Sunday, January 24, 2021

Data storytelling and visualization

By Kenton Rambsy and Howard Rambsy II

“The Atlantic Slave Trade in Two Minutes” interactive by Andrew Kahn on Slate in June 2015, represents a powerful possibility of collecting and showcasing data. The visualization displays 315 years and 20,528 voyages, through the use of small dots, of the Transatlantic Slave Trade. The two-minute interactive composition is at once compelling and troubling, for it is after all a distillation of the horrifying transportation of 10 million enslaved humans presented in two minutes.

Data storytelling, as a practice that blends numerical results, visual compositions, and narratives, makes findings concerning large bodies of information readily accessible to audiences. The production of narratives informed by data, especially large or multifaceted data, creates opportunities to communicate trends and discoveries in captivating ways. Data storytelling can involve visualizations, which stimulate ideas about information beyond standard written narratives.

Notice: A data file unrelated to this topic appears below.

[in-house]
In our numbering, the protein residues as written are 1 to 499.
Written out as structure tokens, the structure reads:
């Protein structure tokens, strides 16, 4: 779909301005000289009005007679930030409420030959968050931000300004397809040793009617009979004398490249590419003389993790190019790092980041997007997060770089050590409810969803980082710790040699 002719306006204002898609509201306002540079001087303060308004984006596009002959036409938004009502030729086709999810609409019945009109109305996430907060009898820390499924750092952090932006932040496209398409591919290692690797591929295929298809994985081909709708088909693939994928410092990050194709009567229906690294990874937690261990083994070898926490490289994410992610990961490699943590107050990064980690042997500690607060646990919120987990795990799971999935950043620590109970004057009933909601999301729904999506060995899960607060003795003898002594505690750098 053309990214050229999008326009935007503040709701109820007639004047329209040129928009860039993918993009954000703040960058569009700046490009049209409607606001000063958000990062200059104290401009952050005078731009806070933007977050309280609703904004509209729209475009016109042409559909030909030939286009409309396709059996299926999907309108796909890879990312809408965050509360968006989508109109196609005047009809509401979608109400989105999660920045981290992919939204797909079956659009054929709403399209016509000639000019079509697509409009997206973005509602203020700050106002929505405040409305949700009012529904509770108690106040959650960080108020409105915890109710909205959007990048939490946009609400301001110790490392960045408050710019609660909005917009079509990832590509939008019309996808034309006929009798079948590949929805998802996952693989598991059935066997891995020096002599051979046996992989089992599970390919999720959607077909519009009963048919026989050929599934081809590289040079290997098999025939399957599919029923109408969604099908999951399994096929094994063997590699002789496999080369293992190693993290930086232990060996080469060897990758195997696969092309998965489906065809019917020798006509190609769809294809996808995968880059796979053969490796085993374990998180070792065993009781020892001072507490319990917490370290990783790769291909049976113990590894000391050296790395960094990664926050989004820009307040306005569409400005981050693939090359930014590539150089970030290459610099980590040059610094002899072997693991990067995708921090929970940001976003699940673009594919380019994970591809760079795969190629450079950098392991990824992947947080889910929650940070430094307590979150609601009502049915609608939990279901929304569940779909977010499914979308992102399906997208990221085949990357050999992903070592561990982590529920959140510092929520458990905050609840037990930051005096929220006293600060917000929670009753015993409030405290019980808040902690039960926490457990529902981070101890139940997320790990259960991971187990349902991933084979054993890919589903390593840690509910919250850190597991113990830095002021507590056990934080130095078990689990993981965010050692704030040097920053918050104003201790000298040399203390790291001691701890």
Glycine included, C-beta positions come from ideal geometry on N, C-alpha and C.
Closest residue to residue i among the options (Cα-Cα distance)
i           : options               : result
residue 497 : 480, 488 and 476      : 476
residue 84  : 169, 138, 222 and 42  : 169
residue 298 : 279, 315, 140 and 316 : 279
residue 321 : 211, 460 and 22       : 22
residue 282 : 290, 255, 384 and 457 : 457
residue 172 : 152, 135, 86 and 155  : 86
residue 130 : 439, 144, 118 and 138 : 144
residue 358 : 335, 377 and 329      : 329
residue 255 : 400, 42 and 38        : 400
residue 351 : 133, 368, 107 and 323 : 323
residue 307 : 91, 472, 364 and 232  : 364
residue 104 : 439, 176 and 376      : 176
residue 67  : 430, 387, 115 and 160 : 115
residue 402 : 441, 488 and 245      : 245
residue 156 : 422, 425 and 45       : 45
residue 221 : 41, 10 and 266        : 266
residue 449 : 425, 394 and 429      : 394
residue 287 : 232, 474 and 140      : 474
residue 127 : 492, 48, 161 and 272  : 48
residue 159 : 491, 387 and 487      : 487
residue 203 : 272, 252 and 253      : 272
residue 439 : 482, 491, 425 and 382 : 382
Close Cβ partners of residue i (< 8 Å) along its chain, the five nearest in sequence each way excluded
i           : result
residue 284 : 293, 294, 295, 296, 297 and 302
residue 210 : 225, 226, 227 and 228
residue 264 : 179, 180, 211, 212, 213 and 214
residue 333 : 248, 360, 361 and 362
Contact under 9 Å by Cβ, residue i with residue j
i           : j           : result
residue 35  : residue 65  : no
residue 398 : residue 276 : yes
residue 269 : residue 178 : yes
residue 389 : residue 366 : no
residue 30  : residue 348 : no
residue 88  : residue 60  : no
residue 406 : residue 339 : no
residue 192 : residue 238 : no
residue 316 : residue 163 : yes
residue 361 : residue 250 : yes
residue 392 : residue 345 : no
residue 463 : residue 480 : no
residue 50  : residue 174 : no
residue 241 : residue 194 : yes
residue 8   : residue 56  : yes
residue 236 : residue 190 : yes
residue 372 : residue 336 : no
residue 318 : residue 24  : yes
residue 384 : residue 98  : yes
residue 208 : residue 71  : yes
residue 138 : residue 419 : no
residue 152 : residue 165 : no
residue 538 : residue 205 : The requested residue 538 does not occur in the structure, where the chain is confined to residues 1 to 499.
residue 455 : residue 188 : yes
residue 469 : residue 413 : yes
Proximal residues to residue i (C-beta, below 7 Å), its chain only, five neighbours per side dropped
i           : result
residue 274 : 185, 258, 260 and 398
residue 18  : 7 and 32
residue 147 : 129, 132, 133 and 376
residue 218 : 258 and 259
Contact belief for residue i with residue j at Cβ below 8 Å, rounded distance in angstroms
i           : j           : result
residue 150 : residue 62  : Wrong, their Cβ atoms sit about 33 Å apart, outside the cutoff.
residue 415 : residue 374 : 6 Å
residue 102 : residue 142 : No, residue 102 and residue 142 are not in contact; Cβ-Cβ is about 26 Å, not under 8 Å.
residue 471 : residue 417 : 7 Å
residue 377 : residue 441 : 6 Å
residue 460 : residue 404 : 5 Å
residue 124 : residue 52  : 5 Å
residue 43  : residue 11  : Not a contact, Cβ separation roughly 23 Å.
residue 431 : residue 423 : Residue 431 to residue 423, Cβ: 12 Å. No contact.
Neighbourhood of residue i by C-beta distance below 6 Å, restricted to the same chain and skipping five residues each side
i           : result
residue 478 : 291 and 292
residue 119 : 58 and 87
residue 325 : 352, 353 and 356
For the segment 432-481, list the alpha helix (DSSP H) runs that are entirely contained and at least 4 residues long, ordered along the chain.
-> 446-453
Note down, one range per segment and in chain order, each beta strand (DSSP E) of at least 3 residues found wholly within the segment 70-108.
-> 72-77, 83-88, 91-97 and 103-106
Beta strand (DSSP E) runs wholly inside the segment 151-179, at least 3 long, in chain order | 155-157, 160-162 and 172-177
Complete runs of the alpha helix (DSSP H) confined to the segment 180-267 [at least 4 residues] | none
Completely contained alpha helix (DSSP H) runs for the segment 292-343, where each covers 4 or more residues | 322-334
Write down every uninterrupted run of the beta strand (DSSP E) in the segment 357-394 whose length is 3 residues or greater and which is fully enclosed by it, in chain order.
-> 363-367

“The Atlantic Slave Trade in Two Minutes” is an important data visualization and story. The project is the product of several years of research that began in the late 1960s when a group of scholars began collecting data about slave trade voyages. Subsequent scholars contributed to the expansion of the data. Today, the Trans-Atlantic Slave Trade Database provides information on more than 36,000 voyages, 91,000 people who were enslaved, and thousands of names of shipowners and ship captains.

The two-minute visualization makes the content of “The Trans-Atlantic Slave Trade Database” manageable and serves as a vital gateway into a rather massive body of information. It would take weeks, if not months, to individually trace each of the tens of thousands of documents that comprise the database. The display of so much information about the slave trade, presented in an interactive, 120-second visualization, indicate the power of innovative data management.

Of course, even a skillfully designed visualization like “The Trans-Atlantic Slave Trade Database” interactive gives us reason to pause. The use of small dots to represent slave ships and the truncation of 300 years into two minutes trivializes the horrors of enslavement. Thus, responsible creators and viewers must be prepared to consider how data visualizations can simultaneously enrich and suppress knowledge.


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